And… fifth!

  4. (10) We called it “Voyage to See What’s On the Bottom”. The viewing was to find out whether the bad guys were monsters or dolls (robots counted as dolls).

    Second fifth!

  5. gottacook notes that ) Martin Caidin should be noted here for Marooned, which became a big-budget 1969 movie (which I first encountered in the Mad magazine parody “Moroned”, back when I subscribed).

    A very good catch — thanks much. I’ll add that in the next time I do a Birthday for him.

    I’ll cheerfully admit that I only read Mad for Spy v. Spy.

  6. I went back and added that Marooned was a Hugo nominee (lost to Apollo XI coverage).

    To me Mad was great for two main reasons: Mort Drucker’s caricatures, usually reserved for movie parodies, and Frank Jacobs’ parody verse.

  7. It’s not quite genre, but one of my favorite Sam Neill movies is The Dish, a charming little based-on-a-true story about an Australian radio-telescope and its contributions to the first Moon landing. I think it’s reasonable to call it genre-adjacent.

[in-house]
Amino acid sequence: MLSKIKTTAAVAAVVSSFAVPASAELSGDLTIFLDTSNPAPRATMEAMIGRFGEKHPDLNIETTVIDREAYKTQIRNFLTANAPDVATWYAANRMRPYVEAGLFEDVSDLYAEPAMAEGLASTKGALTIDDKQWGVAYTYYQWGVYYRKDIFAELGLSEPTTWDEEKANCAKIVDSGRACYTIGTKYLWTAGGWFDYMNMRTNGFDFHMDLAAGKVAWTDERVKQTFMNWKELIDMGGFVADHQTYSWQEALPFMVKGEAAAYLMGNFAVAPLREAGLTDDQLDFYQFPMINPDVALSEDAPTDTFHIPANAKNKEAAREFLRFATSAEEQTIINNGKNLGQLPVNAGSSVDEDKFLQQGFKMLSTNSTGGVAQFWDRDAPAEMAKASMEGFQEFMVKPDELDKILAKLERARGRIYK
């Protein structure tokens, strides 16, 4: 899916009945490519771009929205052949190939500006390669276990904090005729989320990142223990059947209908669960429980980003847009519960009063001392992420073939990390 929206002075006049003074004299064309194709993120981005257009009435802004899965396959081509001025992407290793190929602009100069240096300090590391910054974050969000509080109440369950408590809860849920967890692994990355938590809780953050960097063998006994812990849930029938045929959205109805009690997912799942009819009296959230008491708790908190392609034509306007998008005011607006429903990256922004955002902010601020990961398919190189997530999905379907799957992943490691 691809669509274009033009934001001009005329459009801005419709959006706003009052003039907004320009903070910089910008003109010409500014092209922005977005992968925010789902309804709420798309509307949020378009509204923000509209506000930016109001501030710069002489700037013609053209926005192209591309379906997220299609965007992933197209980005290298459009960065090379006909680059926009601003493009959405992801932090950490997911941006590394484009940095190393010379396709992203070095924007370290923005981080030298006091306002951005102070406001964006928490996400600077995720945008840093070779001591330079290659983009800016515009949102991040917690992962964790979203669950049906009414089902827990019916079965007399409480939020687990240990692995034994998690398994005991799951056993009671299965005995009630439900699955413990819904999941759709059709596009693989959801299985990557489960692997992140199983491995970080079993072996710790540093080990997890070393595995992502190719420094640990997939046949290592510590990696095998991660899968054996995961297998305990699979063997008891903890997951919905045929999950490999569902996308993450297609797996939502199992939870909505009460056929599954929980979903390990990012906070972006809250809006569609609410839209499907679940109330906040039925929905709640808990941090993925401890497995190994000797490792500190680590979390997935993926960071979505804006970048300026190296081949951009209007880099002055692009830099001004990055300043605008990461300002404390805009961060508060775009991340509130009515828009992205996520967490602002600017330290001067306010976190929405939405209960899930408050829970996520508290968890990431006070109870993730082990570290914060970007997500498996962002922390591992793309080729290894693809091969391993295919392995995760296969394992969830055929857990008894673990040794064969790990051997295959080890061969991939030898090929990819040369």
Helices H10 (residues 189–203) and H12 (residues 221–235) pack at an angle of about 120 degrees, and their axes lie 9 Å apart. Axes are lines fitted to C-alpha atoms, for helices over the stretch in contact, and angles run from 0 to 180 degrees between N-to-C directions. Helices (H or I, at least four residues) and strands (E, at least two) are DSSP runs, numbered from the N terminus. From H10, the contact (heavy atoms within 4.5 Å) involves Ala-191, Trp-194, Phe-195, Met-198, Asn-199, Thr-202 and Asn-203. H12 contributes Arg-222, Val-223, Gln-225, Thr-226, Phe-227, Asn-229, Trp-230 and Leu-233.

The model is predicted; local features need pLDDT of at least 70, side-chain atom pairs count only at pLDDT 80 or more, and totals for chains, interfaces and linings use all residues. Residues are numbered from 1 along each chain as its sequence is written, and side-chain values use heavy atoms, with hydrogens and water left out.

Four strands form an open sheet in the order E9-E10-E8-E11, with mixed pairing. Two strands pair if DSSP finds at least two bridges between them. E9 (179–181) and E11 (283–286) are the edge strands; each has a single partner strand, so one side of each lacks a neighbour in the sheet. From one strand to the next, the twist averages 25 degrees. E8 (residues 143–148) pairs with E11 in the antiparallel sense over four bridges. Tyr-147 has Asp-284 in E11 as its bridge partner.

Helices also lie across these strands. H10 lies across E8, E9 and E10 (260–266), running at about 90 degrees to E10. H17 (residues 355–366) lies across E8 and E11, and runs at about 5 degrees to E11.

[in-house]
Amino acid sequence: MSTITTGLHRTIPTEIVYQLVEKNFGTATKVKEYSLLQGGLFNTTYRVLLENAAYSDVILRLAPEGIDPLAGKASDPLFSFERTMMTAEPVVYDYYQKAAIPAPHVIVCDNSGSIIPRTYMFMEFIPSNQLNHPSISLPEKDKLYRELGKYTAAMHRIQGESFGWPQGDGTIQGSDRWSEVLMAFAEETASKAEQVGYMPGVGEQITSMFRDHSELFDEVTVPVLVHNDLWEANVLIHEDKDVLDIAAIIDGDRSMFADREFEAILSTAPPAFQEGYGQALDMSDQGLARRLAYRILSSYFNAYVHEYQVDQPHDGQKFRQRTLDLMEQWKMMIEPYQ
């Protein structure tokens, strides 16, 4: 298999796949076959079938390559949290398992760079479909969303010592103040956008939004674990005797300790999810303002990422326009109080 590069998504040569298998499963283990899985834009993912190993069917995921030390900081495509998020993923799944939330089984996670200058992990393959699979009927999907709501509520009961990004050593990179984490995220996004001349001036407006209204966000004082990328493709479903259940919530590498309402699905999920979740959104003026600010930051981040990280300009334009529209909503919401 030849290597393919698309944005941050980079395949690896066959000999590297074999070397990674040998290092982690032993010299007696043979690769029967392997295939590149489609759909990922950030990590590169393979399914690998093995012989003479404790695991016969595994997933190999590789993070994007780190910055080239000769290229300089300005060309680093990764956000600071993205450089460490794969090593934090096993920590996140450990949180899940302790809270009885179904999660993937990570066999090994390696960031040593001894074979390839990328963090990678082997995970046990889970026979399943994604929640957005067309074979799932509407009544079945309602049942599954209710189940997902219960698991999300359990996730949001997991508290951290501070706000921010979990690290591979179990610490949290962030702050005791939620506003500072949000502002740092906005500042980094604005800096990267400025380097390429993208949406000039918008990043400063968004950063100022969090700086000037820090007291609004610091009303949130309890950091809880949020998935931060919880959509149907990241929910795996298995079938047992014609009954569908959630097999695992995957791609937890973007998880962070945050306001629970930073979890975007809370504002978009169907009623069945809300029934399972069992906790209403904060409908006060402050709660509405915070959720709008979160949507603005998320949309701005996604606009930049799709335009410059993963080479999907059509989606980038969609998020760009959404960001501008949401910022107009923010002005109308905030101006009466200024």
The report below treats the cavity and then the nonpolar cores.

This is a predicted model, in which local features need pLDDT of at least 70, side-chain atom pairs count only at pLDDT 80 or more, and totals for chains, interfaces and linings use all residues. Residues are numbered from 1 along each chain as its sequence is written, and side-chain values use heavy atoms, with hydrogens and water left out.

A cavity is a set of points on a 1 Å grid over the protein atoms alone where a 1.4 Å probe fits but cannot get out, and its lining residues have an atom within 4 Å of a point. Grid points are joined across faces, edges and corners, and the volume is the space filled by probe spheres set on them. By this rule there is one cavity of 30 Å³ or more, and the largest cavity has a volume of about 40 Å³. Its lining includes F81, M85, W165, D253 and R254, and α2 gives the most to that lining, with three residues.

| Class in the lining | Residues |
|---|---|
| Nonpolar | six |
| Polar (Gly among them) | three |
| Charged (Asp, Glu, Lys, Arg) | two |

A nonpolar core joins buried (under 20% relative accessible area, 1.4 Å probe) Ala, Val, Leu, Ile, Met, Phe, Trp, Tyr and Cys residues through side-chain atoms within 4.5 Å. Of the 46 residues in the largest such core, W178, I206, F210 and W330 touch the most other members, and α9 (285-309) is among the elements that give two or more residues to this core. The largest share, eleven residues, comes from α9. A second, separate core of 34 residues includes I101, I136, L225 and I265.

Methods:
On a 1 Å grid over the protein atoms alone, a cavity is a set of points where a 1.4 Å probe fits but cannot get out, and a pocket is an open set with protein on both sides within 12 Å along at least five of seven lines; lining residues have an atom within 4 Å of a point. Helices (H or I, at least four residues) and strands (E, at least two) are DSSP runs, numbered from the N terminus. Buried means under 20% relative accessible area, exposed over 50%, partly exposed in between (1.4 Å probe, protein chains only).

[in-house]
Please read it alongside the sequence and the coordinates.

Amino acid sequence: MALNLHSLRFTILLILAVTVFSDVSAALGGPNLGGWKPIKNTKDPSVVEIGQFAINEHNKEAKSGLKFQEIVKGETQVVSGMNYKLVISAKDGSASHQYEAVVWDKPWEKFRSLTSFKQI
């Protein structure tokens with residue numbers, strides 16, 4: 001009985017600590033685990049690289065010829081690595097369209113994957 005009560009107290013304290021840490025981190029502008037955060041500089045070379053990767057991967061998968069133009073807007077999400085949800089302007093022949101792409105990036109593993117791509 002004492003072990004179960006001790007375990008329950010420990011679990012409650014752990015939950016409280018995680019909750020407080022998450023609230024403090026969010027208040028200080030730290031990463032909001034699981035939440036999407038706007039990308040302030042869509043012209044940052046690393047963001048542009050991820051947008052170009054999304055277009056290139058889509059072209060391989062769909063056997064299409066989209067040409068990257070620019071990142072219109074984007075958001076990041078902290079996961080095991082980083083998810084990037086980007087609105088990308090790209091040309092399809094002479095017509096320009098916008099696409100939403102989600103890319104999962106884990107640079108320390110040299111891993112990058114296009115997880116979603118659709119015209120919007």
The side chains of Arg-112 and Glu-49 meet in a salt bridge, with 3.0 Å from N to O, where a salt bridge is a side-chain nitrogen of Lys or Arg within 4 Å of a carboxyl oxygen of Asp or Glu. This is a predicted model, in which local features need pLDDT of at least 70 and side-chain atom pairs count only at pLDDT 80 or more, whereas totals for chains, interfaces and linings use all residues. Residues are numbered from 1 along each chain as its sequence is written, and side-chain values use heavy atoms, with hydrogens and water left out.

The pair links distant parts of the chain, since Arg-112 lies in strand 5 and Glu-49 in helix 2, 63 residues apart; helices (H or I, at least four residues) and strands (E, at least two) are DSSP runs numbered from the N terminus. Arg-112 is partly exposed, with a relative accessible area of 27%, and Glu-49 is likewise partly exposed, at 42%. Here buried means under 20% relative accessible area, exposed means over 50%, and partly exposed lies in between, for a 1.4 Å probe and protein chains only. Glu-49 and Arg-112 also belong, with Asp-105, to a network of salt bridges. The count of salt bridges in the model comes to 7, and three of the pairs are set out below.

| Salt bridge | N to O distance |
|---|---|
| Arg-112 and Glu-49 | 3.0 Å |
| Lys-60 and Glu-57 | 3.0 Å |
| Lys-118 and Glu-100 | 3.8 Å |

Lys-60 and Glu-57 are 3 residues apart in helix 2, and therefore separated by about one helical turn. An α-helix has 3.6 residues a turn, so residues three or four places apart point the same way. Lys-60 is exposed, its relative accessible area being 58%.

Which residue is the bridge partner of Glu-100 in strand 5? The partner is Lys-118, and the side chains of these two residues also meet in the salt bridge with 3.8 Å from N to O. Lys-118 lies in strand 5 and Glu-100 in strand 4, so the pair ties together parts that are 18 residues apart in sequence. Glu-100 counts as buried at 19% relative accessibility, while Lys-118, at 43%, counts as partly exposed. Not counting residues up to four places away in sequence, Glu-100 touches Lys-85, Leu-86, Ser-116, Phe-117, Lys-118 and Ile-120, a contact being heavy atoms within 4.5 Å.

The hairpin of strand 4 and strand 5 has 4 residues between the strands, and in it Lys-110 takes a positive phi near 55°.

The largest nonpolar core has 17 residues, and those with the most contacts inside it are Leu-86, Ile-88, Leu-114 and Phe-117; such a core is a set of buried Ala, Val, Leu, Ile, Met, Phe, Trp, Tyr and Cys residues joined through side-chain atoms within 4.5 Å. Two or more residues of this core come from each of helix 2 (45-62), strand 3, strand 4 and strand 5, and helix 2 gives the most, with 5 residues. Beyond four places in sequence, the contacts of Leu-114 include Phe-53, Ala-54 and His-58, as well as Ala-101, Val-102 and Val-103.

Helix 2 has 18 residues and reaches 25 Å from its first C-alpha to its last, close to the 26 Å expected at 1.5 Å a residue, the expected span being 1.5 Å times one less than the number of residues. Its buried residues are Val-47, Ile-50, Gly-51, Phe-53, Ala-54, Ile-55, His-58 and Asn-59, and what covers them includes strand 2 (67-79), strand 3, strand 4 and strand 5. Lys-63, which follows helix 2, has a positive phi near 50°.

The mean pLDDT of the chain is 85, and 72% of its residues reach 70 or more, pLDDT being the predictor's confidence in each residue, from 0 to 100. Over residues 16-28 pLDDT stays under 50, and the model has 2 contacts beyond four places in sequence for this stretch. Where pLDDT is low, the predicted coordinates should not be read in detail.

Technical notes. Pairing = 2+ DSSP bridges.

8. (5) It’s unfortunate that it was an amateur publication — a story written by a teenager for a clubzine — which happened to be targeted as the exemplar of bad SF prose.

  9. 10)”Voyage to See What’s on the Bottom” was the title of the movie’s Mad parody.

    Also, Theodore Sturgeon wrote a novelization of the original film. I know I read it years ago but can’t recall a single thing about it.

    Cat: Series premiere anniversaries are numerous in September because that’s when the TV “season” began, back when there were TV seasons.

  10. Meredith moment: Harlan Ellison’s Watching which won a Stoker Award is available from the usual suspects for a buck ninety nine. Harlan’s film criticism is popcorn reading at its very best.

  11. Steve Leavell says to me Series premiere anniversaries are numerous in September because that’s when the TV “season” began, back when there were TV seasons.